Sunday, July 6, 2008

Cidade de Homens (City of Men) (2002)

If you are a fan of the Brazilian movie City of God, this series delves in a bit more. In 20 episodes spanning four seasons, you spend time with best friends Acerola (Douglas Silva) and Laranjinha (Darlan Cunhan) learning about their daily life and adventures in their favela in Rio de Janeiro, Brazil. Favelas house the displaced, poorer people of the city. They are cramped, resemble shanty towns and have explicit rules followed by residents.

When the show begins, both boys are young...perhaps 10 or 11. They deal with not having their dads in their lives or even knowing with certainty who their dads are. They have each other as they navigate the issues of poverty, girls, virginity and their desire to lose it and staying out of the eyes of the drug dealers who serve as the de facto governing body in the favela. You become acquainted with the recurring characters; this helps strings the seasons and plots.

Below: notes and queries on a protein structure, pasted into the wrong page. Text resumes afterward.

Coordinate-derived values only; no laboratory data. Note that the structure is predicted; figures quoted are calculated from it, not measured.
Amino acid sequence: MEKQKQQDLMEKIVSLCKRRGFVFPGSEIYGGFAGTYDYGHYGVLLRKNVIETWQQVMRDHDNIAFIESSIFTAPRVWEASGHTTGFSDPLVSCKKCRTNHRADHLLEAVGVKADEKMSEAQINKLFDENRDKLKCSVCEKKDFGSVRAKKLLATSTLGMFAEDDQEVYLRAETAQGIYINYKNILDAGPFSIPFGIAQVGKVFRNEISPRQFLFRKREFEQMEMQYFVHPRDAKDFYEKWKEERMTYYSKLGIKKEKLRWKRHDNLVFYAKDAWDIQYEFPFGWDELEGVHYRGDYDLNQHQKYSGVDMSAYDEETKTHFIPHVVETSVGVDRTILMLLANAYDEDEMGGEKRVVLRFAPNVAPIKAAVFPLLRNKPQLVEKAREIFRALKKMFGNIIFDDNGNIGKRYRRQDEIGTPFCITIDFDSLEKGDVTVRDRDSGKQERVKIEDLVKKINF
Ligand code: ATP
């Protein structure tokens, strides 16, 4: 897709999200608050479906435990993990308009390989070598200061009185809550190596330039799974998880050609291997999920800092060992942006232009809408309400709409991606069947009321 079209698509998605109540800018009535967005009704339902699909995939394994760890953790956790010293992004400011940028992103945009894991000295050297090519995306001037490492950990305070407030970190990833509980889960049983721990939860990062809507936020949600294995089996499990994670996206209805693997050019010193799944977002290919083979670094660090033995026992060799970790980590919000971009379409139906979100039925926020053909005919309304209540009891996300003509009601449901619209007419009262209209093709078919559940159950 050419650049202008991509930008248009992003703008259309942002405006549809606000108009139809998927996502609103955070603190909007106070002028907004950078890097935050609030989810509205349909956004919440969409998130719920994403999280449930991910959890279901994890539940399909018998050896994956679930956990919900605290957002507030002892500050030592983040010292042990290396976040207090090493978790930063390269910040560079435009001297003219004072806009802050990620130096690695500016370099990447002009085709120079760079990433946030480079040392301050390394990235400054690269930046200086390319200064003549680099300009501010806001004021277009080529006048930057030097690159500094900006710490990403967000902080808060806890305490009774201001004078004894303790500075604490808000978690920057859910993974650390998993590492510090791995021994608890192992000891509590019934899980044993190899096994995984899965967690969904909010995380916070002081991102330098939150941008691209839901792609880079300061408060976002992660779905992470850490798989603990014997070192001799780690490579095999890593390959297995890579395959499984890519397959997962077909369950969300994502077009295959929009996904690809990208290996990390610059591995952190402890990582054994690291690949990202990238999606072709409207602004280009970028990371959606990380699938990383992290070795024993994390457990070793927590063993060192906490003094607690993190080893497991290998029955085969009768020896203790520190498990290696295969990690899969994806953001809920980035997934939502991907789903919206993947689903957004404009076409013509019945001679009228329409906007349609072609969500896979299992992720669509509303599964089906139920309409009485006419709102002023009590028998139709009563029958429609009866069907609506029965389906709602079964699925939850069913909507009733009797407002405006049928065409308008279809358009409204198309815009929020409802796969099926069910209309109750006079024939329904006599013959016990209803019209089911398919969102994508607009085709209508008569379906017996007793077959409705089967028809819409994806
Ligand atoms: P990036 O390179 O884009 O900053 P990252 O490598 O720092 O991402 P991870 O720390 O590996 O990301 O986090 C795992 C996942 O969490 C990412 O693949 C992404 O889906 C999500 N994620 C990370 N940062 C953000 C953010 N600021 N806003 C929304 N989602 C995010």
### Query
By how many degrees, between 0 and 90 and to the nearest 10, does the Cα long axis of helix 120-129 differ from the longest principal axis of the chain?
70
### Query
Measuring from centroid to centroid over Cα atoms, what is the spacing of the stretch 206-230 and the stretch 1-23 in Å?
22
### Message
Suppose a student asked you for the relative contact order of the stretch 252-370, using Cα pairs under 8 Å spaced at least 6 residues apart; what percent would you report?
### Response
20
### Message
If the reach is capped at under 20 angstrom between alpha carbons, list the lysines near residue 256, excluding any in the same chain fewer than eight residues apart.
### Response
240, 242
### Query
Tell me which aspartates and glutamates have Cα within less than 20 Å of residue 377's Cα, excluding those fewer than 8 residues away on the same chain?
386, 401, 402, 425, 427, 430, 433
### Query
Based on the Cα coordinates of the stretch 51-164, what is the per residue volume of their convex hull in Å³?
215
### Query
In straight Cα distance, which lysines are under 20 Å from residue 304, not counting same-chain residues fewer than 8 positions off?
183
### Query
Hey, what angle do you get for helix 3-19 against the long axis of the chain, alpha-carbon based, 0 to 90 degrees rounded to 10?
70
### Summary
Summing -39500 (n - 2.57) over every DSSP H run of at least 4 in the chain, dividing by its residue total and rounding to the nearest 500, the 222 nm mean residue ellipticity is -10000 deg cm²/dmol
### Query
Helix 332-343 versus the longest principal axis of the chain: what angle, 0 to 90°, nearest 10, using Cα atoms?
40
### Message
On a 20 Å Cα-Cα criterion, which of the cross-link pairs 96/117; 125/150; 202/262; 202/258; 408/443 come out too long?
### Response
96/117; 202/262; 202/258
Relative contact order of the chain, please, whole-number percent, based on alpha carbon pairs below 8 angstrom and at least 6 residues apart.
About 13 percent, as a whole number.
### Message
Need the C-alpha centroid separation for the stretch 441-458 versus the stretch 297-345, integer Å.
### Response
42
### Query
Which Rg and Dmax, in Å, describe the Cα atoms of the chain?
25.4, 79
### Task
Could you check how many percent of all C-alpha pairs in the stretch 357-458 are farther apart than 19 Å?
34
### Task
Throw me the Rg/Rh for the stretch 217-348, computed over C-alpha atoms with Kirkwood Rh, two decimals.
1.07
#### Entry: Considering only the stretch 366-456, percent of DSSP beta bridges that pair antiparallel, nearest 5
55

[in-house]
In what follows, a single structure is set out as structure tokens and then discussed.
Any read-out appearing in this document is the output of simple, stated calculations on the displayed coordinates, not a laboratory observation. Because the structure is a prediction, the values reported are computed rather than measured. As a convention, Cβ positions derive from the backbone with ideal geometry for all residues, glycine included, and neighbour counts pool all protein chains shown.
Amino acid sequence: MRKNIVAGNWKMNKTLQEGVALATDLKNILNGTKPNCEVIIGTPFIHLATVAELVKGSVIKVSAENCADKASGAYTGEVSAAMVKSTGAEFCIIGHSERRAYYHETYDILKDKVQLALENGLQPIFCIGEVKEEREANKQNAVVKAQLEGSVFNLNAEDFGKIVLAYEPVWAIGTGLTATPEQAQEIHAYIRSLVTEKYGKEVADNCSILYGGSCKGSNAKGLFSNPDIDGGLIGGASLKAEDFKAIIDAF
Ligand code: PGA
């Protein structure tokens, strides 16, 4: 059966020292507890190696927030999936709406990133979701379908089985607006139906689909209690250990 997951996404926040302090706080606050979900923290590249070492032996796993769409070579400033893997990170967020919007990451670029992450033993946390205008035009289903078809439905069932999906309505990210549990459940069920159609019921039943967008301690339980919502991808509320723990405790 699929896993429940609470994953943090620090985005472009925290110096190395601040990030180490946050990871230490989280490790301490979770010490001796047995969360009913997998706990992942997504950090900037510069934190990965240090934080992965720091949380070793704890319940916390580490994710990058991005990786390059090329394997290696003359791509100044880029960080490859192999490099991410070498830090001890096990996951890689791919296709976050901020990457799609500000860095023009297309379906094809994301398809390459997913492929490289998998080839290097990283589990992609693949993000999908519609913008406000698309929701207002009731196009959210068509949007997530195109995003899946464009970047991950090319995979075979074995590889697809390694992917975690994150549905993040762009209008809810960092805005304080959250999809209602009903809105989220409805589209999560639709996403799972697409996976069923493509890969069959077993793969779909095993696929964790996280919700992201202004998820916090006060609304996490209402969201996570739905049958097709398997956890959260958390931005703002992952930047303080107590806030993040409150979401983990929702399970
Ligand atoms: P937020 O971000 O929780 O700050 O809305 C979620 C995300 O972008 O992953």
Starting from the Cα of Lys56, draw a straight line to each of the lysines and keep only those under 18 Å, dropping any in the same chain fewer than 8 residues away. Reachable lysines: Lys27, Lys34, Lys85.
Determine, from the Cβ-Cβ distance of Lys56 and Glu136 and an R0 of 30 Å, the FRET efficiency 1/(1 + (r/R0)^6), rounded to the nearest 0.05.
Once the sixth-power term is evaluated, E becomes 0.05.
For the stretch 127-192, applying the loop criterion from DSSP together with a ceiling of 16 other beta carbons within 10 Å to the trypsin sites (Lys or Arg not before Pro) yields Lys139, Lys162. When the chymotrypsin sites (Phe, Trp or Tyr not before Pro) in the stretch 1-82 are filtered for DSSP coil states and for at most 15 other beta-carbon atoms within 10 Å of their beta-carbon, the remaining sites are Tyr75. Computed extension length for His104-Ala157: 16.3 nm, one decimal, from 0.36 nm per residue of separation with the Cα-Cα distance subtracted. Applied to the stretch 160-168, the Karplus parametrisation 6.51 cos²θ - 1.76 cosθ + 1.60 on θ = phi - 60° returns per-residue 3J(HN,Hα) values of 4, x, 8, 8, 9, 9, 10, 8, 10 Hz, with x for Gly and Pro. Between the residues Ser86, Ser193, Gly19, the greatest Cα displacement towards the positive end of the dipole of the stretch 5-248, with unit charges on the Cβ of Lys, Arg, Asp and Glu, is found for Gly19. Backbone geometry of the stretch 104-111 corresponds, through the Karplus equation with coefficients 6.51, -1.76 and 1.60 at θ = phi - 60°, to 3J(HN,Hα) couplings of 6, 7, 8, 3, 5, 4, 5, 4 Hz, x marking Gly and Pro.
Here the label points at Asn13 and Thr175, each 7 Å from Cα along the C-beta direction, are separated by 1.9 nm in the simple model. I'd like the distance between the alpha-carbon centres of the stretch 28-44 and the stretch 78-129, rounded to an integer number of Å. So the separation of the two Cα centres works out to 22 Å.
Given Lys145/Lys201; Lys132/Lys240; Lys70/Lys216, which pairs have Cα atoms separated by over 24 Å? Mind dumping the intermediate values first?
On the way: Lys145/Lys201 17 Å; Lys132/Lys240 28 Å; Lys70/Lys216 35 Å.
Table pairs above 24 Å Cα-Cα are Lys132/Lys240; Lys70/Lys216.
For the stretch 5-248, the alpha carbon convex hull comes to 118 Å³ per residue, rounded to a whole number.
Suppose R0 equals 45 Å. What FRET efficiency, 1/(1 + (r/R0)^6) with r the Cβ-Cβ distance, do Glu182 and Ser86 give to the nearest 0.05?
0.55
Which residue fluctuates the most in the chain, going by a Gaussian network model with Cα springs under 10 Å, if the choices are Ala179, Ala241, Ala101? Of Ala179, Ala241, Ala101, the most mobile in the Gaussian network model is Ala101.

Social issues are presented in smart fashion.

In one of my favorite episodes called Uólace e João Victor, Laranjinha and Acerola confront the realities of being poor juxtaposed with the middle-class life of João Victor. However, similarities also exist and they are presented as well as the same prejudices shared by both the poor and wealthier boys about each other. There's a fantastic montage when Acerola, Laranjinha and their homeless friend are trying to get money to buy a burger when João Victor and his best friend walk by. The film is slowed down and music is added. Acerola and João Victor's friend lock eyes. Silently, they hurl derogatory slurs at each other and after a few minutes, we see they are using the same words. This was brilliant. It speaks to social hierarchies and class tension.

Coming of age is the theme of this series and the directors and cast do a great job here. The plots are creative, funny and poignant. The main characters physically age as the seasons progress and the plot lines work accordingly. Trite solutions are never employed. You connect with the two main characters and are usually rooting for them as they attempt to cut a different swath through the life they didn't choose but have accepted. They always hope for better and you end up doing the same from the sidelines.

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